Yesterday’s blog went to print with a rogue apostrophe still in place. I am still horrified by the fact that I typed it in the first place, because it was so obviously wrong, but also baffled by its slipping through multiple readings and proofings.
I place great value on getting my musical scores as accurate as possible before they go out to performers, and feel a small dagger to the heart when a mistake is brought to my attention, but it is some consolation that on average I am fairly efficient at these types of things. Brindisi lacked a single tie, for example, and one small mistake for eighteen pages of orchestral score is not so bad.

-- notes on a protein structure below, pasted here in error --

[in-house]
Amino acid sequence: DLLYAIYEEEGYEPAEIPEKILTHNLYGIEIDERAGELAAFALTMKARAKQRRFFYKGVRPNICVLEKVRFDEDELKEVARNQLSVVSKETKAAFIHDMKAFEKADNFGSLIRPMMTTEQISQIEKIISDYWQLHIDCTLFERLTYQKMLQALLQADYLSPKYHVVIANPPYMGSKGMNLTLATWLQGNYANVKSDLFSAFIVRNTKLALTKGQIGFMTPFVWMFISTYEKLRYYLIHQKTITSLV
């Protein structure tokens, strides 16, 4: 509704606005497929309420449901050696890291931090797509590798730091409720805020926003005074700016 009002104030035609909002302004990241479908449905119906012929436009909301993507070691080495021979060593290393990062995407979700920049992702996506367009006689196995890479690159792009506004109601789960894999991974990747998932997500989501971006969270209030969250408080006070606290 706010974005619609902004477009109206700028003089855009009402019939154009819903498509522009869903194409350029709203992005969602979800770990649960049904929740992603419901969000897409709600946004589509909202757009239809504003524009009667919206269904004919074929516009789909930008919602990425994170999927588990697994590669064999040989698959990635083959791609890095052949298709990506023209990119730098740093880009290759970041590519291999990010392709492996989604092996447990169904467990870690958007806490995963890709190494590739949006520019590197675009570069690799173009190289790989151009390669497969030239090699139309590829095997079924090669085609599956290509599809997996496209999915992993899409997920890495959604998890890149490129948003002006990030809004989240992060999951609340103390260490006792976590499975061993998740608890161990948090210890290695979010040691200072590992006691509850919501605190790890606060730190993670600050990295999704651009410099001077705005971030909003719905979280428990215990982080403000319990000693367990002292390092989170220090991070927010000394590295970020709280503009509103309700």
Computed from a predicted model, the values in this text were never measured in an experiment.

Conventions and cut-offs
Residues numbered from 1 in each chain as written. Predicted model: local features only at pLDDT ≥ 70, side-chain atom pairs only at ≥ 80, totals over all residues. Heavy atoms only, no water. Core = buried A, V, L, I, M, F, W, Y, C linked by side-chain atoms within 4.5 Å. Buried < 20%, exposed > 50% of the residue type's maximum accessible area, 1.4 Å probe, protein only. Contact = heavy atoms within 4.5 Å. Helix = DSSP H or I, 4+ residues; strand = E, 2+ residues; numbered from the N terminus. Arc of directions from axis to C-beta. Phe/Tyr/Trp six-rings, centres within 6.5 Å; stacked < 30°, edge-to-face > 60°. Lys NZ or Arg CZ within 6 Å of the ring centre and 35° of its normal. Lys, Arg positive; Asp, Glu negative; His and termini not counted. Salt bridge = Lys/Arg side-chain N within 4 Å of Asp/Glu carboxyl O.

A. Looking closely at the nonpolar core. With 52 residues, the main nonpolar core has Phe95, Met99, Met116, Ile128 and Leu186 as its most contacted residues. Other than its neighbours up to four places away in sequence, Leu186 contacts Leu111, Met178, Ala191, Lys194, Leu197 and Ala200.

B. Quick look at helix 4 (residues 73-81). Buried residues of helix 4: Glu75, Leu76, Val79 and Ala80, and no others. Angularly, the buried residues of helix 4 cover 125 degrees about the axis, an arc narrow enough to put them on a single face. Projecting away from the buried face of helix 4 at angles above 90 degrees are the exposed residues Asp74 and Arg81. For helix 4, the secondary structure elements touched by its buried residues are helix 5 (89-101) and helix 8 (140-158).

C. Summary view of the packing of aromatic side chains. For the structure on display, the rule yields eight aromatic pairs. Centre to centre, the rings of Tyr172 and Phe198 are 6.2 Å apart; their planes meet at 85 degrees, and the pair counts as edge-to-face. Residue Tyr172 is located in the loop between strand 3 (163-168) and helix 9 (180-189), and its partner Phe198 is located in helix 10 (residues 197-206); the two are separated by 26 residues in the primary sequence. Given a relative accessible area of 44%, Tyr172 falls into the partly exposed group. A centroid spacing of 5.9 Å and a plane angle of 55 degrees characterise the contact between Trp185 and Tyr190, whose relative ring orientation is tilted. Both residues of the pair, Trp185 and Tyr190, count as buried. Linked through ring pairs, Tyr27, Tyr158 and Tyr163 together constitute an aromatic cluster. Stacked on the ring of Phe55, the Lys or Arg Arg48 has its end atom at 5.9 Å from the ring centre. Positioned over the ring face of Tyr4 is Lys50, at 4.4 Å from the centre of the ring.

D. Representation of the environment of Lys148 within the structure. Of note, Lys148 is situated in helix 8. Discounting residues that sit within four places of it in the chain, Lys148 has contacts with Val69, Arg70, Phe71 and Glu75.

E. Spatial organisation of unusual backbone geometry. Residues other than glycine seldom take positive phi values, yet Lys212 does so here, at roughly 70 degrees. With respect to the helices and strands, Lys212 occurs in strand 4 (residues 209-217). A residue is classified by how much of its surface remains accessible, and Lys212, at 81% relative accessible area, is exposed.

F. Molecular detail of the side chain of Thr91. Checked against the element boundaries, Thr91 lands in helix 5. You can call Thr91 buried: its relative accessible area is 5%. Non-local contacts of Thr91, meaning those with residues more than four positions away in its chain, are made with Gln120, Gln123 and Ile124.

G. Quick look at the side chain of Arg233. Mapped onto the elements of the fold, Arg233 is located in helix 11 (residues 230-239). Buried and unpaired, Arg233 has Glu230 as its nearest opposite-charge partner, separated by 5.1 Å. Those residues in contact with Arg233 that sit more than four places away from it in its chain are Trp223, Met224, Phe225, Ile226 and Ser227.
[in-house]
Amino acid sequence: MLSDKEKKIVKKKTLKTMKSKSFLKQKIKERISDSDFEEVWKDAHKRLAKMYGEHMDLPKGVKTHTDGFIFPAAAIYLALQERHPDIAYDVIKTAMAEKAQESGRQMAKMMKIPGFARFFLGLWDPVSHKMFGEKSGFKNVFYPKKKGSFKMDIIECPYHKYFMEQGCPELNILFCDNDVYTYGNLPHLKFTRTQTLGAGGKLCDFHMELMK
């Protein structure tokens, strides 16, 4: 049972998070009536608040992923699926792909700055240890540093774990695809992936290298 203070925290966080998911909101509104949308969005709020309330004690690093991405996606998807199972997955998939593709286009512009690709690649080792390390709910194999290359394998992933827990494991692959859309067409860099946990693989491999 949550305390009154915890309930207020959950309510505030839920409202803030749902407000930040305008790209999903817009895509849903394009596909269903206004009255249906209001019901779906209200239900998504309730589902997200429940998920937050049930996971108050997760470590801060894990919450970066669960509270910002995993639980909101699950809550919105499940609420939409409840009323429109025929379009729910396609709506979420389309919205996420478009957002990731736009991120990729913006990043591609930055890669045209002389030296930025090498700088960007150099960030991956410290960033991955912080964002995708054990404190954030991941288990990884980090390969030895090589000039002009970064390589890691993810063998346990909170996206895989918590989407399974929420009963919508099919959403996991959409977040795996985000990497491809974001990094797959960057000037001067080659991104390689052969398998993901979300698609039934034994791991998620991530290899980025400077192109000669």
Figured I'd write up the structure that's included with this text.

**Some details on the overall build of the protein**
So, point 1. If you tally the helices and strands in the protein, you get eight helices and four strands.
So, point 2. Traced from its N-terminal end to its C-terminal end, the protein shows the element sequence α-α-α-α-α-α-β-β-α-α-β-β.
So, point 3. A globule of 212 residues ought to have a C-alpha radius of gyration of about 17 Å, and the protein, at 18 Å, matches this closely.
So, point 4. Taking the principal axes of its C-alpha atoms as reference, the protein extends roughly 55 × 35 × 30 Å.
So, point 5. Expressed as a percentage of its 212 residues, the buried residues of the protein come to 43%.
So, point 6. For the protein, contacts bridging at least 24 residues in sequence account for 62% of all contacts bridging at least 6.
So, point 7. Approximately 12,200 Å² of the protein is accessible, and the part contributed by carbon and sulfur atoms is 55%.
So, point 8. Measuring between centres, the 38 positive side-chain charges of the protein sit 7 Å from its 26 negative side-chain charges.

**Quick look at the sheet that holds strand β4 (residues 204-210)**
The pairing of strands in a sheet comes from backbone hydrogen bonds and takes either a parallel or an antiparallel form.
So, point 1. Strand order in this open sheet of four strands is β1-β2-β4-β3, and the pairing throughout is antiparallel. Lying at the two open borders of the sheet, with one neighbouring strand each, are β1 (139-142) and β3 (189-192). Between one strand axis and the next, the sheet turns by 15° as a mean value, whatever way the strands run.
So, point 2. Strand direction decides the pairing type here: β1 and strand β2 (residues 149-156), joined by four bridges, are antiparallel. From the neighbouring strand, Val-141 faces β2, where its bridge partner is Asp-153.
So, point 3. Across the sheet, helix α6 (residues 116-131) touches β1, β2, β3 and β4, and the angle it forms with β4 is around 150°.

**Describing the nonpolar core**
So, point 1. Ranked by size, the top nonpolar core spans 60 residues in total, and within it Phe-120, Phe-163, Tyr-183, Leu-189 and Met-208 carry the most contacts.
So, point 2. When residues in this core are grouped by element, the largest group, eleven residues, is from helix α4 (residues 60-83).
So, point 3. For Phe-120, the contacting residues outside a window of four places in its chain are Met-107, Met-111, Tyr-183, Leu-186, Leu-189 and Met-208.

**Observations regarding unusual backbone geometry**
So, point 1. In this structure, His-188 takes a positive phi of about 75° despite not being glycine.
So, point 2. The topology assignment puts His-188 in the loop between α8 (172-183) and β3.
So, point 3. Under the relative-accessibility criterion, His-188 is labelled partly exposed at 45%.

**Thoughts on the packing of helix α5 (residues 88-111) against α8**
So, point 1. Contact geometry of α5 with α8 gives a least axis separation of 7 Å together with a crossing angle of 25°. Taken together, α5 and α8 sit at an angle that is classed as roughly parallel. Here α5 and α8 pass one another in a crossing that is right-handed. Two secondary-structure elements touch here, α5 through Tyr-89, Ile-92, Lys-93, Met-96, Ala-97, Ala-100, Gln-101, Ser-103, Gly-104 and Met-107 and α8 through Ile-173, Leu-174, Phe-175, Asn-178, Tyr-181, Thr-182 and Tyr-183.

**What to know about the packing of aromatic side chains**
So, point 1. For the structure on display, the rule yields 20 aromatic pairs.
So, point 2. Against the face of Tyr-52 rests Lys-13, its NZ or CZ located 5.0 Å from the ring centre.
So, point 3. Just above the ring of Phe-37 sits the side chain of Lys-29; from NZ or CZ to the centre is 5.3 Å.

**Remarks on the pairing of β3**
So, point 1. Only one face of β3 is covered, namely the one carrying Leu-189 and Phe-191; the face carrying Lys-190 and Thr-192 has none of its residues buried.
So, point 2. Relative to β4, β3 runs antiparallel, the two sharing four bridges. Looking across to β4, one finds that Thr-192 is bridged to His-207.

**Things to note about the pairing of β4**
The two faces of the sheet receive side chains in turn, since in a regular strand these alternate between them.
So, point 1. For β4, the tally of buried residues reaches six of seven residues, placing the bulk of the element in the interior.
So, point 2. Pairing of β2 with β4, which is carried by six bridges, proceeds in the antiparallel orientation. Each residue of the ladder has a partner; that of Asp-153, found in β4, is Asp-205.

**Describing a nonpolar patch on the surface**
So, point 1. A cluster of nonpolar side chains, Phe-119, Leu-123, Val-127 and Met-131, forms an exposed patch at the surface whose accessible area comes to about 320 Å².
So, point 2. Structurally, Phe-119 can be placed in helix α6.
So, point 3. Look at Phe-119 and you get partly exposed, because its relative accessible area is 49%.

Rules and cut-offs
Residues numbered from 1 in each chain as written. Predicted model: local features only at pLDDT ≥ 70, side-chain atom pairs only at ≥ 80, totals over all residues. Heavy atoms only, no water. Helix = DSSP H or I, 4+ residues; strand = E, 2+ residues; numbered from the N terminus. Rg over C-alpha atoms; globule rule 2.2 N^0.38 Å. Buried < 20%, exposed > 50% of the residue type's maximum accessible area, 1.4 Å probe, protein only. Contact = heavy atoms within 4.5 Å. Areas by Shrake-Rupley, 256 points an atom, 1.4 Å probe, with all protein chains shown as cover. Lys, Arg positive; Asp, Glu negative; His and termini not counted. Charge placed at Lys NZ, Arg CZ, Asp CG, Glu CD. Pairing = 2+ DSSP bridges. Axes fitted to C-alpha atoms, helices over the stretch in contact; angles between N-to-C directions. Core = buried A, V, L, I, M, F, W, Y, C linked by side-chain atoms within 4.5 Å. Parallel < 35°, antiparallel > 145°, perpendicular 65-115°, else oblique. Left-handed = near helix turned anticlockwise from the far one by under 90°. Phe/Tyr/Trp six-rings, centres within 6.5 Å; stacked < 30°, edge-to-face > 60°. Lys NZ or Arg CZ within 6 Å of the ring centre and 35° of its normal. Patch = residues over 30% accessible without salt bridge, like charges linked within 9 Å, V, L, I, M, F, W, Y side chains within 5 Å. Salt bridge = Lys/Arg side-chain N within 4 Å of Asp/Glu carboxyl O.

Still, sometimes the brain works in strange ways. A few years back in Anghiari the programme for Rigoletto went to print with Puccini’s name on the cover rather than Verdi’s, necessitating a spoken correction from yours truly. The programme had been proofed multiple times and, to add insult to injury, somebody had actually corrected an error in the spelling of Puccini.
Sbagliando si impara, though, as they say in Italian – it is by making mistakes that we learn – and I listened to a TED talk the other day that contradicted NASA’s famous “failure is not an option” to say that in terms of self-improvement failure is most definitely an option, and only fear is not. I might even write that on a note and stick it to my computer.
Fear of failure certainly inhibits this composer from writing more, so I should certainly write more, commit and correct those errors, and learn from them rather than fear them. Maybe then I would be able to do more with the vague musical thoughts that have been hiding in the back of my head these part few days.